Jackpot Values and Expected Returns for November 28 Powerball Drawing
Advertised Jackpot Cash Value of Jackpot Tickets Sold Chance of No Winning Tickets Expected Value of $2 Ticket
$500 million $327 million 176.3 million 36.6% $1.53
$550 million $360 million 226.7 million 27.4% $1.50
$600 million $393 million 277.0 million 20.6% $1.48

A $2 Powerball ticket typically has an expected return of $1 meaning that half of the money spent on tickets will not be paid out in prizes.  Because there have been 15 weeks of drawings with no winners the rollover in the Powerball jackpot is about $203 million.  This means a $2 ticket purchased this week has an expected value of $1.53.  It is more likely than not that ticket sales will be above the projected amount of 227 million, which will raise the jackpot but dilute the expected value of each ticket sold.  The expected value of a ticket will likely remain near $1.50, but as the jackpot rises it becomes much more likely that there will be at least one winner on Wednesday night.  A winner on Wednesday will reduce the advertised jackpot on Saturday December 1 to $40 million (cash value of $25.8 million).

Why a Mega Millions Ticket is a Good Bet, But… (Revised 03.30.2012)

The Mega Millions multi-state lottery is now advertising a jackpot of $640 million for tonight’s drawing. The cash value of the jackpot is $460 million, a more accurate estimate of the present value of the prize. The jackpot has accumulated because there has been no winner for 18 consecutive drawings – since January 24th. This means that those of us who buy Mega Millions tickets for the first time this week have been subsidized by the millions of players who contributed to the jackpot over the past two months.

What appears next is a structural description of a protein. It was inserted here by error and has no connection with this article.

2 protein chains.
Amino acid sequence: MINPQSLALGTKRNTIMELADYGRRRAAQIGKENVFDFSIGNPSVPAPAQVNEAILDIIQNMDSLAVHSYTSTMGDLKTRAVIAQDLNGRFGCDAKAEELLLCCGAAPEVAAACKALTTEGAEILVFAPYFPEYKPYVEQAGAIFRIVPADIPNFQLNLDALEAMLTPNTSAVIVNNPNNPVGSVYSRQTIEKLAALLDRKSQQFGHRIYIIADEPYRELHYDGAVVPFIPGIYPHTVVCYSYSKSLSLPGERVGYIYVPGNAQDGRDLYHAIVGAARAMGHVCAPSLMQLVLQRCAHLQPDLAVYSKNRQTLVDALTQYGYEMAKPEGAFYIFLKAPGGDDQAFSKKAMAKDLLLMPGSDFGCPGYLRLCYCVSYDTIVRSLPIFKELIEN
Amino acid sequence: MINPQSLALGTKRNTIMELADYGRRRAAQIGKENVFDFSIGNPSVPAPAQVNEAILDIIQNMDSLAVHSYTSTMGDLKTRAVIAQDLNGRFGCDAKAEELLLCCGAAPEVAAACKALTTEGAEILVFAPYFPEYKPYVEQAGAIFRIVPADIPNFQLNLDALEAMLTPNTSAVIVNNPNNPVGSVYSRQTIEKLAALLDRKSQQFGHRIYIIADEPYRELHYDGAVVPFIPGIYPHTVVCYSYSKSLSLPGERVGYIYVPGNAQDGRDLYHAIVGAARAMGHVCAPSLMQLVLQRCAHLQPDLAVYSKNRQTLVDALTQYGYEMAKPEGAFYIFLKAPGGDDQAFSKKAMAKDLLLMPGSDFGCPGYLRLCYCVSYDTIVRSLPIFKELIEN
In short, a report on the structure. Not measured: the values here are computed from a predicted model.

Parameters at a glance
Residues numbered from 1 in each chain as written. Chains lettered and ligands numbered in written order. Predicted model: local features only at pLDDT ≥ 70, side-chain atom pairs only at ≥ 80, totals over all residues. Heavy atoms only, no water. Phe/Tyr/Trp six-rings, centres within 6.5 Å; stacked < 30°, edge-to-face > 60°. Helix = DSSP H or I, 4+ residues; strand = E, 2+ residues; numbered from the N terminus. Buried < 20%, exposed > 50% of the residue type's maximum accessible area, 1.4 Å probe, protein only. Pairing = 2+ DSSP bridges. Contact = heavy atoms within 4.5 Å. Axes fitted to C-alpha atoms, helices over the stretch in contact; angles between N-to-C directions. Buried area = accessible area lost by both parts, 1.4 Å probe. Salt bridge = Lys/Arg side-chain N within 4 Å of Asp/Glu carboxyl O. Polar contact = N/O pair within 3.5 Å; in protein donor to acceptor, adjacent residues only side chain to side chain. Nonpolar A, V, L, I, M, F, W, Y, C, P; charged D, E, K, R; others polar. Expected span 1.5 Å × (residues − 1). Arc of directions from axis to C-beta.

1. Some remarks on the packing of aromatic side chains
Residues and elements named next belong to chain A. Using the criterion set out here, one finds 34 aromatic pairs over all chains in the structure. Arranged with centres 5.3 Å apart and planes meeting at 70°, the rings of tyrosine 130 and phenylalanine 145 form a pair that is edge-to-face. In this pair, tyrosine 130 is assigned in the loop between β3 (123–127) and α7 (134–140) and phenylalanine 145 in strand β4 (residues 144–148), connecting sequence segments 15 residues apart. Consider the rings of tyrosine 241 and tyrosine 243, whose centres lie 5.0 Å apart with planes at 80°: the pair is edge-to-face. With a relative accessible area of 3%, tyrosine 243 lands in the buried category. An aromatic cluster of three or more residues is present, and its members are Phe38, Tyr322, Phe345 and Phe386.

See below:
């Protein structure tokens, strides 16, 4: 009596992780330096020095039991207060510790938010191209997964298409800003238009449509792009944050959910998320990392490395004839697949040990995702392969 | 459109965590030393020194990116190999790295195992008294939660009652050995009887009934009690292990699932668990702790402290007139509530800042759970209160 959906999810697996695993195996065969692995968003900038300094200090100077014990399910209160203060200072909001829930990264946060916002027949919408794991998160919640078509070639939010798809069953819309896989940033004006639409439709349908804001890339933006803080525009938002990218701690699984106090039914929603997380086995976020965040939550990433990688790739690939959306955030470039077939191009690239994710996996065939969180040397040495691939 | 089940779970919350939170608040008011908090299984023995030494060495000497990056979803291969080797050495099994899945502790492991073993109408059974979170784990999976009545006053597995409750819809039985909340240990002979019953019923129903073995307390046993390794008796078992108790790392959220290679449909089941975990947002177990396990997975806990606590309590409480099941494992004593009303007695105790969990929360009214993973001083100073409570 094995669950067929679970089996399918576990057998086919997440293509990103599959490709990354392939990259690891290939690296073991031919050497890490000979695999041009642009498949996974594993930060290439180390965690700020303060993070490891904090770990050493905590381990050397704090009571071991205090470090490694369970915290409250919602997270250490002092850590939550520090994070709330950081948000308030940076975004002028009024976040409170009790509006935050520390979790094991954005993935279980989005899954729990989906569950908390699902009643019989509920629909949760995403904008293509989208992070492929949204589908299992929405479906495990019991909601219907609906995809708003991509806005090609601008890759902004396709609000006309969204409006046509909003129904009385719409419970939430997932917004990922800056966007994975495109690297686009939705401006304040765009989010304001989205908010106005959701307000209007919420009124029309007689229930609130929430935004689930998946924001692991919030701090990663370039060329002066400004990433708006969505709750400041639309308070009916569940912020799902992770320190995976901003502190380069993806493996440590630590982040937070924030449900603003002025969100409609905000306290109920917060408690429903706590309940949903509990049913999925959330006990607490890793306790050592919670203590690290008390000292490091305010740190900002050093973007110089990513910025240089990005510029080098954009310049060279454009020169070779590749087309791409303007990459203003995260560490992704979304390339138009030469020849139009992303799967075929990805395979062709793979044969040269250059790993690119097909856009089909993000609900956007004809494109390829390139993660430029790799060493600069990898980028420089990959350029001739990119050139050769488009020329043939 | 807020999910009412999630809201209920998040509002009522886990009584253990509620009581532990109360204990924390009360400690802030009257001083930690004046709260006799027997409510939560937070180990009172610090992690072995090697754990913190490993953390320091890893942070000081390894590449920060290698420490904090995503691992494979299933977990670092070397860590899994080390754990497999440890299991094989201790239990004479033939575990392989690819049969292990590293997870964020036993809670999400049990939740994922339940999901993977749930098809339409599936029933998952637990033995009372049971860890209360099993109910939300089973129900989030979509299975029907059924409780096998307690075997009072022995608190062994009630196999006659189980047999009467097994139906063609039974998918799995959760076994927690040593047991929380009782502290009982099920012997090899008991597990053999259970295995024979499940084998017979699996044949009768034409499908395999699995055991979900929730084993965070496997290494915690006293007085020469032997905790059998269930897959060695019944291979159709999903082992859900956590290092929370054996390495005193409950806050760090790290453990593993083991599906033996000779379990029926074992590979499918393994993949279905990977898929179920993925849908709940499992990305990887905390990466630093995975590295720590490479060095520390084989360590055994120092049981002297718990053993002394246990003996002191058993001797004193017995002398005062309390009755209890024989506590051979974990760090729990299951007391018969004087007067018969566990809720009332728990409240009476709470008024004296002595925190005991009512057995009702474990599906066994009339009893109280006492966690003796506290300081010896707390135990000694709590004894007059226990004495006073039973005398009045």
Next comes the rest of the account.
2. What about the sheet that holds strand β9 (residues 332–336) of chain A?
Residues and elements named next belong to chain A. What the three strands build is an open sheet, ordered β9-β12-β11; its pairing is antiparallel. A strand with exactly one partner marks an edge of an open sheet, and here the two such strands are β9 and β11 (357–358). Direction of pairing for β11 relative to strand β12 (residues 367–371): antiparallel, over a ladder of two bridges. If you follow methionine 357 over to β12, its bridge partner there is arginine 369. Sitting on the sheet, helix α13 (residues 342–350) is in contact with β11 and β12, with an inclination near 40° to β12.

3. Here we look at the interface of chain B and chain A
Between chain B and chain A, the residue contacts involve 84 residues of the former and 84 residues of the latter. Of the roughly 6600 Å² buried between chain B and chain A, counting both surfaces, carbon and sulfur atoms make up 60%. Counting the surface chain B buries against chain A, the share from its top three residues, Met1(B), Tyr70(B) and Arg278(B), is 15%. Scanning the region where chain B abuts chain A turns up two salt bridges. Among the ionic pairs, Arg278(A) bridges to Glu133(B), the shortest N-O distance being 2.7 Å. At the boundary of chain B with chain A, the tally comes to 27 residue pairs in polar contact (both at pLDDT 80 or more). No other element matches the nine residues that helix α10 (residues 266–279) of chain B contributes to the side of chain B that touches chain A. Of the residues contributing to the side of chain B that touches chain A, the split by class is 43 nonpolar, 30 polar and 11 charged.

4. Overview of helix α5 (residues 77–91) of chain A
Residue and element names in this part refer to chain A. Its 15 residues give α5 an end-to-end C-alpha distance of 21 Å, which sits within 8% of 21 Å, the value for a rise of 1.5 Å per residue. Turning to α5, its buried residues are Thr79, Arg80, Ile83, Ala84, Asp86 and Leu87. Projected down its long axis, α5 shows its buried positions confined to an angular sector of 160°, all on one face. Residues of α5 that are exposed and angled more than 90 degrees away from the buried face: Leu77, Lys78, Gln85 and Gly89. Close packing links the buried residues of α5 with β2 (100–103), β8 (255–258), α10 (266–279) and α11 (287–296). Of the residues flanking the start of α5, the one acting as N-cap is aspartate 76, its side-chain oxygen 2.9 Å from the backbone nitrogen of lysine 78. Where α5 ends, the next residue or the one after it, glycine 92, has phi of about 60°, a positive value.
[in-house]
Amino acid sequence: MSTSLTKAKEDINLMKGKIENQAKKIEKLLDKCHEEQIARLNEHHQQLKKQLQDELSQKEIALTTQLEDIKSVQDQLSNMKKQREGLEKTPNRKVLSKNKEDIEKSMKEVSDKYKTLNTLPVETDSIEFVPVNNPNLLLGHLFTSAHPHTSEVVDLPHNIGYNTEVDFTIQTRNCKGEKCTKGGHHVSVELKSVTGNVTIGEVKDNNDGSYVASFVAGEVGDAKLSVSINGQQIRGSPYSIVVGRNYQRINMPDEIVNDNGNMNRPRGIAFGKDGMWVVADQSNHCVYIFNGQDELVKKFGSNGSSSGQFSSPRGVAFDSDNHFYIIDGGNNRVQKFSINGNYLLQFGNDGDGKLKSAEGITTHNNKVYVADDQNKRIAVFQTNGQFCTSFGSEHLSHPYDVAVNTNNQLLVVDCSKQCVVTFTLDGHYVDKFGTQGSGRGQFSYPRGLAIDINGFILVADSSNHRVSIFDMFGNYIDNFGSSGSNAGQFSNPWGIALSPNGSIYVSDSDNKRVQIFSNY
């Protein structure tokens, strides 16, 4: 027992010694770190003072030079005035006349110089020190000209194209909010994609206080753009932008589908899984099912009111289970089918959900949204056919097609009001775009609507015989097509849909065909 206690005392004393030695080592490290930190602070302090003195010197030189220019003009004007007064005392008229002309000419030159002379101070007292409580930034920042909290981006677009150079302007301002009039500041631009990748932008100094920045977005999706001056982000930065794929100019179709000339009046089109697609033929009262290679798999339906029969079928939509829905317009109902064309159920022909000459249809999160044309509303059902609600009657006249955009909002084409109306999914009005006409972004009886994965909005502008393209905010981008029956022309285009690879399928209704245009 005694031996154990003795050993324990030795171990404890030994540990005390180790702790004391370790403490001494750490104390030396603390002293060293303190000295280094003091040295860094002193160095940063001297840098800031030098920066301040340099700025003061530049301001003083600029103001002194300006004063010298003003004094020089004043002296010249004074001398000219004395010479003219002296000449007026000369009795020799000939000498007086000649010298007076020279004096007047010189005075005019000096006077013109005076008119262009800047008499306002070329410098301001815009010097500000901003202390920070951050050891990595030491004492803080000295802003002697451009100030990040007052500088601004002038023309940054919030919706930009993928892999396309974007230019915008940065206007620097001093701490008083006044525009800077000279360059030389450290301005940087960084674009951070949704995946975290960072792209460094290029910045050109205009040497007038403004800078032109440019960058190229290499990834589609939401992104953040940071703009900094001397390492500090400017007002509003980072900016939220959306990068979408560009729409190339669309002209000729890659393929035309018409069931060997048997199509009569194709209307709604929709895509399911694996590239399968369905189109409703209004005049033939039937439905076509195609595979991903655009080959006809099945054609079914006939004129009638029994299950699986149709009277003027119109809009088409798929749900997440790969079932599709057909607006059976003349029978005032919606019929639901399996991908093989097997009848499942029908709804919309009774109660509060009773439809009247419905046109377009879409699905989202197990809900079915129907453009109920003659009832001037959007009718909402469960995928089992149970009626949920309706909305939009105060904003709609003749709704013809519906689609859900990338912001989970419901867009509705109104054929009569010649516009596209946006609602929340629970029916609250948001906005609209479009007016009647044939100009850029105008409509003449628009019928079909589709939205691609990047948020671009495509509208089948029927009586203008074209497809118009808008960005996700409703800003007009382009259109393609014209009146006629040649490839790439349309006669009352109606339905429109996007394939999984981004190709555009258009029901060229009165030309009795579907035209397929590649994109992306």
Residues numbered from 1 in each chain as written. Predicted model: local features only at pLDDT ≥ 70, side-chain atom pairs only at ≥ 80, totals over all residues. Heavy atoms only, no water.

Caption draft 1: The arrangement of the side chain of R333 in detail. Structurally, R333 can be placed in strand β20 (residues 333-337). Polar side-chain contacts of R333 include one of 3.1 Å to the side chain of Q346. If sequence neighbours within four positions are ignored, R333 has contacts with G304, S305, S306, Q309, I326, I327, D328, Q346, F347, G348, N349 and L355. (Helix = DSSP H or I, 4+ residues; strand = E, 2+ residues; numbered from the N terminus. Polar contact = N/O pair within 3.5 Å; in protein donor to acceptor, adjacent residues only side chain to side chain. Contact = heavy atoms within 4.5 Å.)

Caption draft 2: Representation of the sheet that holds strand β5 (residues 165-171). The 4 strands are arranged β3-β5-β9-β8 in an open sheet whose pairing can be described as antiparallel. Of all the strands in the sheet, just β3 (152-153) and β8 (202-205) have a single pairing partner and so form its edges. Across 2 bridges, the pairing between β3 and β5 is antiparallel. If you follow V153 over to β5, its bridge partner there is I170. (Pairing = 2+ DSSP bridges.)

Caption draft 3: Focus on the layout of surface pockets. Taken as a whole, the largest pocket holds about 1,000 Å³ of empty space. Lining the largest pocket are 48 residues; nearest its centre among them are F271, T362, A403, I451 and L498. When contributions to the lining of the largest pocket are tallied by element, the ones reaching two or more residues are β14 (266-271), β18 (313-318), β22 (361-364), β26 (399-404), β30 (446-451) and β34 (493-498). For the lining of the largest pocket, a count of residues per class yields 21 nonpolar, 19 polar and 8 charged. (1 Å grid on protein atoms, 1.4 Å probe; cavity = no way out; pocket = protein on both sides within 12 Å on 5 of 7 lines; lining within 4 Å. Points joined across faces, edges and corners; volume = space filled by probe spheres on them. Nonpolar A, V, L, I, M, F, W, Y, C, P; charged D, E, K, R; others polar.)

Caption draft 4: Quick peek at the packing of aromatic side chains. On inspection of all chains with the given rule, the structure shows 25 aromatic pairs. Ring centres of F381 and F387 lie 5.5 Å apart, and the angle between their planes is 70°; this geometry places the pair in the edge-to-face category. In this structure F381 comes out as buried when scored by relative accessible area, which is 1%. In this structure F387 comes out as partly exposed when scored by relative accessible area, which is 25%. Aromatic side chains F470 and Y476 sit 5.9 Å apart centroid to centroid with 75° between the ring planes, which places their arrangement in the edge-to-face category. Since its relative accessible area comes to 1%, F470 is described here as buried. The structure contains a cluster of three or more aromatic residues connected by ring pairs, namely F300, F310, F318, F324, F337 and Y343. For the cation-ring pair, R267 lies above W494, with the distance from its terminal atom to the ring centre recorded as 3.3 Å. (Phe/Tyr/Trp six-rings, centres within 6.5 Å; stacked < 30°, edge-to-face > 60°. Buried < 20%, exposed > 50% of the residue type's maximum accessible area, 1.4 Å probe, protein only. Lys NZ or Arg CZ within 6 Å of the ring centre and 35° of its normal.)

The probability of correctly selecting all six numbers for Friday’s drawing is one in 175 million. It is likely that there will be multiple jackpot winners. Even after taking this into account, the expected value of a one dollar Mega Millions ticket is about 90 cents.

About 18 cents of every dollar collected from Mega Millions sales are used to pay consolation prizes. Another 32 cents of each dollar goes into the cash jackpot. The cash value of Friday’s drawing is estimated to be about $200 million higher than in Tuesday’s drawing. In other words lottery officials expect about 625 million lottery tickets to be sold between now and Friday.

If lottery officials are correct there is a 96% chance that someone will pick the winning numbers on Friday, and the expected number of winners, conditional on the jackpot being awarded, is about 3. This means that even after splitting the jackpot, the expected value of a Mega Millions ticket is about 90 cents (including 18 cents in expected consolation prizes).

In general state sponsored lottery games have low expected values for players, relative to other forms of gaming. Lotteries pay out about half of their proceeds in prizes, on average. The rollover nature of the jackpot in state lotteries means that a lottery ticket will have a high expected value on occasion. Until the recent surge in sales, this week would have been the highest expected value for a Mega Millions ticket in the history of the game.

Finally, because the jackpot will be taxed at a fairly high rate a Mega Millions ticket is not a good investment, as Ben Casselman of the Wall Street Journal has noted. After taxes the expected value of a Mega Millions ticket is now much less than $1, unless the top marginal tax rate falls substantially over the next twenty years, which is doubtful. However most gambles with long odds, such as a super trifecta bet at the racetrack, have a pre-tax expected value that is lower than the cost of the wager. So the Mega Millions is an unusually good bet for people who enjoy gambling small amounts at long odds, but it would be a bad investment.